SINGAPORE: Asia’s cash premiums for 0.5% very low-sulphur fuel oil (VLSFO) climbed on Friday, riding on firmer deals in the physical market, but posted their biggest weekly decline since late January.
Cash differentials for Asia’s 0.5% VLSFO rose to a premium of $19.59 a tonne to Singapore quotes, up from $18.10 per tonne on Thursday. The premiums, however, have shed about 25% this week. The front-month VLSFO crack rose to a two-week high of $22.76 per barrel against Dubai crude during Asian trading hours, buoyed by expectations for tight regional supplies in the near term.
The crack was at $21.72 per barrel on Thursday, and has gained about 5% this week, Refinitiv Eikon data showed.
Cash premiums for 380-cst high sulphur fuel oil (HSFO) dipped to a premium of $6.01 per tonne to Singapore quotes, while cash differentials for 180-cst HSFO fell to a premium of $14.98 per tonne to Singapore quotes.
The front-month barge crack for 380-cst HSFO traded at a discount of $14.38 a barrel to Brent on Friday, compared with minus $13.77 a barrel in the previous session.
Fuel oil stocks held independently in the Amsterdam-Rotterdam-Antwerp (ARA) refining and storage hub dropped 4.6% to 1.03 million tonnes in the week ended May 12, data from Dutch consultancy Insights Global showed.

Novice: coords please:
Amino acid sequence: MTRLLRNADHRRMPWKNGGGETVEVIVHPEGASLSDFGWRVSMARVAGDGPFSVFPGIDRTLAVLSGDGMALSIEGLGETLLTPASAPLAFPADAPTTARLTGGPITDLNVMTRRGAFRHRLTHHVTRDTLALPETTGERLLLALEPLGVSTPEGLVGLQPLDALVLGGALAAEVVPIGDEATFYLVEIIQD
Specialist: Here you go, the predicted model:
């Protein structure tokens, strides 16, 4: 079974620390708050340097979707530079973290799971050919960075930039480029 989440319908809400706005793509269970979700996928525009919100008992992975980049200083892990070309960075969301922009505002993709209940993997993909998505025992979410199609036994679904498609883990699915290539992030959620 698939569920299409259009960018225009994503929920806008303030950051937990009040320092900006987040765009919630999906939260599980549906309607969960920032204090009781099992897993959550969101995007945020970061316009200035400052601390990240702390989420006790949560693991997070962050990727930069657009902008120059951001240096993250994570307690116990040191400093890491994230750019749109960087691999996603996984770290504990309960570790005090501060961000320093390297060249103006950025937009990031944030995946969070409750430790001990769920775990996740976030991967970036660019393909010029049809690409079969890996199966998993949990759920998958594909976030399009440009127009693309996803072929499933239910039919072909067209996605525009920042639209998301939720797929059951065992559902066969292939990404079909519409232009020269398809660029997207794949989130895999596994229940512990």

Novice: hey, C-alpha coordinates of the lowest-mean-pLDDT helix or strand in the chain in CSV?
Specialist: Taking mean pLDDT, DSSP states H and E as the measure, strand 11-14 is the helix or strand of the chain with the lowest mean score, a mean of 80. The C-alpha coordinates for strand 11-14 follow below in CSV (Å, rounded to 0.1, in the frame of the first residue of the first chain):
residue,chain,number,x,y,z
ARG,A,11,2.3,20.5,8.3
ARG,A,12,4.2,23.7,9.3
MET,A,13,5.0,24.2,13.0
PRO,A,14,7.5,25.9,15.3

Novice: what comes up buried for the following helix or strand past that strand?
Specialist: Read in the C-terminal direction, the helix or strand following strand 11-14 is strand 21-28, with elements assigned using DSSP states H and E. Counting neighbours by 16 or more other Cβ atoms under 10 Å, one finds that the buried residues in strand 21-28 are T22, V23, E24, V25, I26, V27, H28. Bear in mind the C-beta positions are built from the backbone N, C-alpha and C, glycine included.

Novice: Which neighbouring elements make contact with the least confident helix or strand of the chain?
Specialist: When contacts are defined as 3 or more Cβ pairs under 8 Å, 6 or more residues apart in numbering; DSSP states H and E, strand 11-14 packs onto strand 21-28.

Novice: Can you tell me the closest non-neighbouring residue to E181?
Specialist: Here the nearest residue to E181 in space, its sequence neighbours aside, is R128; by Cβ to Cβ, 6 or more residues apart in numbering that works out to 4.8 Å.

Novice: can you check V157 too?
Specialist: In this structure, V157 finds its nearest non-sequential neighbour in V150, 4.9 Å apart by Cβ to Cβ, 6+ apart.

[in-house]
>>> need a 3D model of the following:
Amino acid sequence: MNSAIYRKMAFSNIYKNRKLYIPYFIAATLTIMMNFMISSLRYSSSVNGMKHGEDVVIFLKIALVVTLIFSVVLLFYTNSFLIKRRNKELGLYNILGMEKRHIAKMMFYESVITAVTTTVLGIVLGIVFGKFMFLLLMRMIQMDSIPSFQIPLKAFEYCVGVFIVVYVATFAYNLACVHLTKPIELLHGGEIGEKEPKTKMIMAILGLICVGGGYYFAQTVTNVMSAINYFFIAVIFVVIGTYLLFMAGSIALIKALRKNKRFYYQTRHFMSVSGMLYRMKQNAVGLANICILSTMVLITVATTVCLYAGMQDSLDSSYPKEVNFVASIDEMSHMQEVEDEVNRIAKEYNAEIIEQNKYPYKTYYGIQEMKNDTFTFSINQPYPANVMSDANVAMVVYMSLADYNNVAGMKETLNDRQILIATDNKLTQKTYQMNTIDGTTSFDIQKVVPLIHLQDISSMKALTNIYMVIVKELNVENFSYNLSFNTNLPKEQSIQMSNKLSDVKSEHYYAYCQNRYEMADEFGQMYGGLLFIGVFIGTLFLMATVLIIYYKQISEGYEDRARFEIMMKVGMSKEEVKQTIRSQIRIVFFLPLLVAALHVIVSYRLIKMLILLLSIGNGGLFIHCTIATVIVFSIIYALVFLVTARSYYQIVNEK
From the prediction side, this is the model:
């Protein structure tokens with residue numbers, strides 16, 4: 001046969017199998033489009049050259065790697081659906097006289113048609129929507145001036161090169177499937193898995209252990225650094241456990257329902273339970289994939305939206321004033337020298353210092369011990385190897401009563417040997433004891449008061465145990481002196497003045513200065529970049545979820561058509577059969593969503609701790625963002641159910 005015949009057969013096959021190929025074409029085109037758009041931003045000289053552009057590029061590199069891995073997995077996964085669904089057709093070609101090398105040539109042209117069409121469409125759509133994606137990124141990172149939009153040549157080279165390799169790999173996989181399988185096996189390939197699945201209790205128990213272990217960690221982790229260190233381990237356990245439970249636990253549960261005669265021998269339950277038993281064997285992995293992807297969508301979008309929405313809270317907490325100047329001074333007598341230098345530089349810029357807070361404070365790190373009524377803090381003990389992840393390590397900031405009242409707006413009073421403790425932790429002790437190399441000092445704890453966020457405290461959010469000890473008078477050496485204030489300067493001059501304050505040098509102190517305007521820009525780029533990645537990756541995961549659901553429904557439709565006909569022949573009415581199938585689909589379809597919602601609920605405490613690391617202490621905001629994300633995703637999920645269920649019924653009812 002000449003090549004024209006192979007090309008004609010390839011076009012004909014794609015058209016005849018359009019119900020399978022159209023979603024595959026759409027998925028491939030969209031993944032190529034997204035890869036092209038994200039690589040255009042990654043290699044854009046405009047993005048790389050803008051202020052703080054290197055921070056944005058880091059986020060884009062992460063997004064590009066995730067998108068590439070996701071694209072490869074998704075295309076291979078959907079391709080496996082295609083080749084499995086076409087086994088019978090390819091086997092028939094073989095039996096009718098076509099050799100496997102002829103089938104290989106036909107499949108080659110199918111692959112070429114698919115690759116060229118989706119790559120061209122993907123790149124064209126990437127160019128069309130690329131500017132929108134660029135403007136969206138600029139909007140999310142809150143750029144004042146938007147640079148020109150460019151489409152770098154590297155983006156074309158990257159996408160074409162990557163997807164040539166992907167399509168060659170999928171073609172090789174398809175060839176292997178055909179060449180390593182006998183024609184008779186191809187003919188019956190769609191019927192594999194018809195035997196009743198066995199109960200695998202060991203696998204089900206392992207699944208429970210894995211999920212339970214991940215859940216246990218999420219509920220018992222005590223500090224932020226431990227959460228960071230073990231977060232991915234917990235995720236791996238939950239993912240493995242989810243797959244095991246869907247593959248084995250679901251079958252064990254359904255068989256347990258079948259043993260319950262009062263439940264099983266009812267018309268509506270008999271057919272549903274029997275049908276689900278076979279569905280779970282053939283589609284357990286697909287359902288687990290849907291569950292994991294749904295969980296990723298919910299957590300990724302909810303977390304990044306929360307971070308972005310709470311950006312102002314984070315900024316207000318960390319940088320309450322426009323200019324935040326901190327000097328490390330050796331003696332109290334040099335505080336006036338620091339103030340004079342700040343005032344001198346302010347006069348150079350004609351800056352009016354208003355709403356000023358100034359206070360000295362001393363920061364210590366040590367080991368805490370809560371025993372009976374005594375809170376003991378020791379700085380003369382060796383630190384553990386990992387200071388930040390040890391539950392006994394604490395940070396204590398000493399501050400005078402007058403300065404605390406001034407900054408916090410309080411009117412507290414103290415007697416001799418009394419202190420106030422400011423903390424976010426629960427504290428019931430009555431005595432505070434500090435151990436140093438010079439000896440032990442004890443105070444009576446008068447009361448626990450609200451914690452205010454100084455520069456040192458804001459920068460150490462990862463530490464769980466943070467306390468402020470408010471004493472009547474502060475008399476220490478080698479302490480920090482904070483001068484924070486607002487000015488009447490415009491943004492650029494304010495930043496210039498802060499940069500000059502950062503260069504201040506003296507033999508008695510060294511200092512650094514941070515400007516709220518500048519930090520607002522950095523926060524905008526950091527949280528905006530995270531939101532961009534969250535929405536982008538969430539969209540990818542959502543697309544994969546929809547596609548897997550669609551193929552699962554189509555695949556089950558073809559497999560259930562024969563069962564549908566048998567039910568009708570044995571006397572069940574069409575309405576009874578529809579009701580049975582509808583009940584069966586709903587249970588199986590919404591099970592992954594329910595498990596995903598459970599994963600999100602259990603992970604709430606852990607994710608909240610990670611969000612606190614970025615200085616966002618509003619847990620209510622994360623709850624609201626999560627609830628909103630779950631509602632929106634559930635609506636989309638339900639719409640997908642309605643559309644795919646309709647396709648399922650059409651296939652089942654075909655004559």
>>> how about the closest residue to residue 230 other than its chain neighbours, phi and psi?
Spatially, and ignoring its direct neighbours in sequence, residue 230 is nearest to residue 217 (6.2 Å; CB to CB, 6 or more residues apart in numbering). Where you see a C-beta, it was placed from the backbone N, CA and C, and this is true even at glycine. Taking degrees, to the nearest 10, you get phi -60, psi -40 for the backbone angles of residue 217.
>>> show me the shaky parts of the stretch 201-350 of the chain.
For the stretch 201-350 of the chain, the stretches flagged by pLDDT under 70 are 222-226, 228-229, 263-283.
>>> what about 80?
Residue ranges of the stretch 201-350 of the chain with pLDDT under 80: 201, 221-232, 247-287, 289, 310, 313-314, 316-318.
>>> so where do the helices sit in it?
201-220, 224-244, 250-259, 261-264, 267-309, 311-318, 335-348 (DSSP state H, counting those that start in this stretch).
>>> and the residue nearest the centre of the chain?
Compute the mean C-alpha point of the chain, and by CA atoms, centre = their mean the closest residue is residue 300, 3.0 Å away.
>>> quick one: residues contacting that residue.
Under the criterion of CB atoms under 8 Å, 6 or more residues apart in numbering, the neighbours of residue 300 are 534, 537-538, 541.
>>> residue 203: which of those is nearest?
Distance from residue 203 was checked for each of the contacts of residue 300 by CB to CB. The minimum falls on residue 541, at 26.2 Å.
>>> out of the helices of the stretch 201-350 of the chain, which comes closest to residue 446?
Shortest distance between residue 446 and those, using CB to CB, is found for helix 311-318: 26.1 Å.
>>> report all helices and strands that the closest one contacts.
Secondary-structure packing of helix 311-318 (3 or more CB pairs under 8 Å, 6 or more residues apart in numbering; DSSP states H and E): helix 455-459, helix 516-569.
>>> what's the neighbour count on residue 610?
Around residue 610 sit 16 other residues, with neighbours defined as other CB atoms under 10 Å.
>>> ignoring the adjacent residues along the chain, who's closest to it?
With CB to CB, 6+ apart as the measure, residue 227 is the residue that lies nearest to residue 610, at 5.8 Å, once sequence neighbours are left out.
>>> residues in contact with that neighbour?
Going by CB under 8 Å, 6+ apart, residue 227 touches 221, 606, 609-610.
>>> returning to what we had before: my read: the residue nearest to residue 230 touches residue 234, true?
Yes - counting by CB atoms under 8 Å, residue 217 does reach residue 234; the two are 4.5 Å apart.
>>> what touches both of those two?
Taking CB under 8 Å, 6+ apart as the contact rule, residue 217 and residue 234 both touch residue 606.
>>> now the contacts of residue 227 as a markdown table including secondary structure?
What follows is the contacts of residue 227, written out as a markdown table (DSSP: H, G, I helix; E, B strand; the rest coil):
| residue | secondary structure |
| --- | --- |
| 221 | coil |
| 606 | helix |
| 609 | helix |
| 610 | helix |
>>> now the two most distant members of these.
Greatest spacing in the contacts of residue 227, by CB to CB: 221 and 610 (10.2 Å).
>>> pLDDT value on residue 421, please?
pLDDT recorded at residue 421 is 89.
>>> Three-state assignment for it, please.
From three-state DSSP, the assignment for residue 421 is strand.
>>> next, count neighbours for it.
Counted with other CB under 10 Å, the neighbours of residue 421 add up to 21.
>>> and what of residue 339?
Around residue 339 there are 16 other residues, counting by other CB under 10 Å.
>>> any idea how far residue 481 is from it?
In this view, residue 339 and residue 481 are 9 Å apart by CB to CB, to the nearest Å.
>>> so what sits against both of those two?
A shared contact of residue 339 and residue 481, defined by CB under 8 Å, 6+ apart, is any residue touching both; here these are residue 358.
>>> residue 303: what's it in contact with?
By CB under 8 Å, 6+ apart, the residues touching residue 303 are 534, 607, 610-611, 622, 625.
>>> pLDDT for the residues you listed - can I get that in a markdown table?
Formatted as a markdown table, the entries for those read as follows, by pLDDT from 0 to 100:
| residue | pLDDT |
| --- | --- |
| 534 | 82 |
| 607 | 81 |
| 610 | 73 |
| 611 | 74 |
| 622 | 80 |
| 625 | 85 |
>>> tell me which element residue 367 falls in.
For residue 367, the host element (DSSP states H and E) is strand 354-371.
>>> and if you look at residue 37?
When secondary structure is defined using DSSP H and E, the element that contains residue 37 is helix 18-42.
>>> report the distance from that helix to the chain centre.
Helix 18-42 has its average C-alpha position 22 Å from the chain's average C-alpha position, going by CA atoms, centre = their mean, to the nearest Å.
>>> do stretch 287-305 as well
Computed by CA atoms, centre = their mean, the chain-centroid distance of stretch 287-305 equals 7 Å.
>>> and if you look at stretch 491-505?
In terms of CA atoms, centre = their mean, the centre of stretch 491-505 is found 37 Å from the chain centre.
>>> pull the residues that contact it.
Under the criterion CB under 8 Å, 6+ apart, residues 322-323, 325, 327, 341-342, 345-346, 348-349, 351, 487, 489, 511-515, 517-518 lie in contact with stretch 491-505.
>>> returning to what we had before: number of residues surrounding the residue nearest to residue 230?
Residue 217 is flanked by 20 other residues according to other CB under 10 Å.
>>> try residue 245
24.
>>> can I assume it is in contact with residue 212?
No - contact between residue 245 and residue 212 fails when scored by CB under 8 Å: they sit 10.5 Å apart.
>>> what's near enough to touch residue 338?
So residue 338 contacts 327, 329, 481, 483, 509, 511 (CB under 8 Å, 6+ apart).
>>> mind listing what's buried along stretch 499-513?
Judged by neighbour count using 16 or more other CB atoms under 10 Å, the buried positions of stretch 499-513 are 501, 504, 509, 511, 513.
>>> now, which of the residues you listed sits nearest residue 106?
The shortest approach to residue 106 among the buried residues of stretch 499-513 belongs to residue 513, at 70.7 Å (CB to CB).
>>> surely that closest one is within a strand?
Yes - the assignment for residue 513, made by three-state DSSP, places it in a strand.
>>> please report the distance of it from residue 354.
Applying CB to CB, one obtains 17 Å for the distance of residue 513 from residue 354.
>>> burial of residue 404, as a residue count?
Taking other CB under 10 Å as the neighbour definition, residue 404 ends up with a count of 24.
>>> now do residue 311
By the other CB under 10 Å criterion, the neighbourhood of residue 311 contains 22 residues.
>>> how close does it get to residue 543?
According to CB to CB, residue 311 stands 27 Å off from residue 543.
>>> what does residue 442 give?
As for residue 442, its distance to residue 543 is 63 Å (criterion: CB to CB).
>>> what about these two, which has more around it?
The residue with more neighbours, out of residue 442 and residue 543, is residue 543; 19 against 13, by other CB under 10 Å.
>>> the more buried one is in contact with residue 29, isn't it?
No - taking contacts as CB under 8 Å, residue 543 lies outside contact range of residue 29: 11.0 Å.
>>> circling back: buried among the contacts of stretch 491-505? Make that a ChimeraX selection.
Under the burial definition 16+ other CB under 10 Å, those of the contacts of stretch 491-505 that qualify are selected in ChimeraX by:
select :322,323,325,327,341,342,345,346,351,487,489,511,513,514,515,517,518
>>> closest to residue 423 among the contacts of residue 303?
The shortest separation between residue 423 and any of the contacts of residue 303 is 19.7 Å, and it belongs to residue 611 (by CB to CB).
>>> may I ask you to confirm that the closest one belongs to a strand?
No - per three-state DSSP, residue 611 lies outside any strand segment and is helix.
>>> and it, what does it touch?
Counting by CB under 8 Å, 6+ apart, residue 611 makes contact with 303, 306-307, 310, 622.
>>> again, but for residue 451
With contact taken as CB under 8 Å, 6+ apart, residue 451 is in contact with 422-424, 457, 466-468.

This comes after Singapore’s onshore fuel oil stocks fell 15% to 17.5 million barrels, or about 2.6 million tonnes, in the week ended May 11, the lowest level since July 2019, according to the Enterprise Singapore data.
ARA gasoil stocks rose 0.8% to 1.6 million tonnes this week.
One 180-cst high-sulphur fuel oil (HSFO) deal, no 380-cst HSFO trades. Two VLSFO trades were reported. OPEC cut its growth forecast for world oil demand in 2022 for a second straight month, citing the impact of Russia’s invasion of Ukraine, rapid inflation and the resurgence of the Omicron coronavirus variant in China. Oil prices rose around 1.5% on Friday, but were headed for their first weekly loss in three weeks as worries about inflation and China’s COVID lockdowns slowing global growth offset concerns about dwindling fuel supplies from Russia.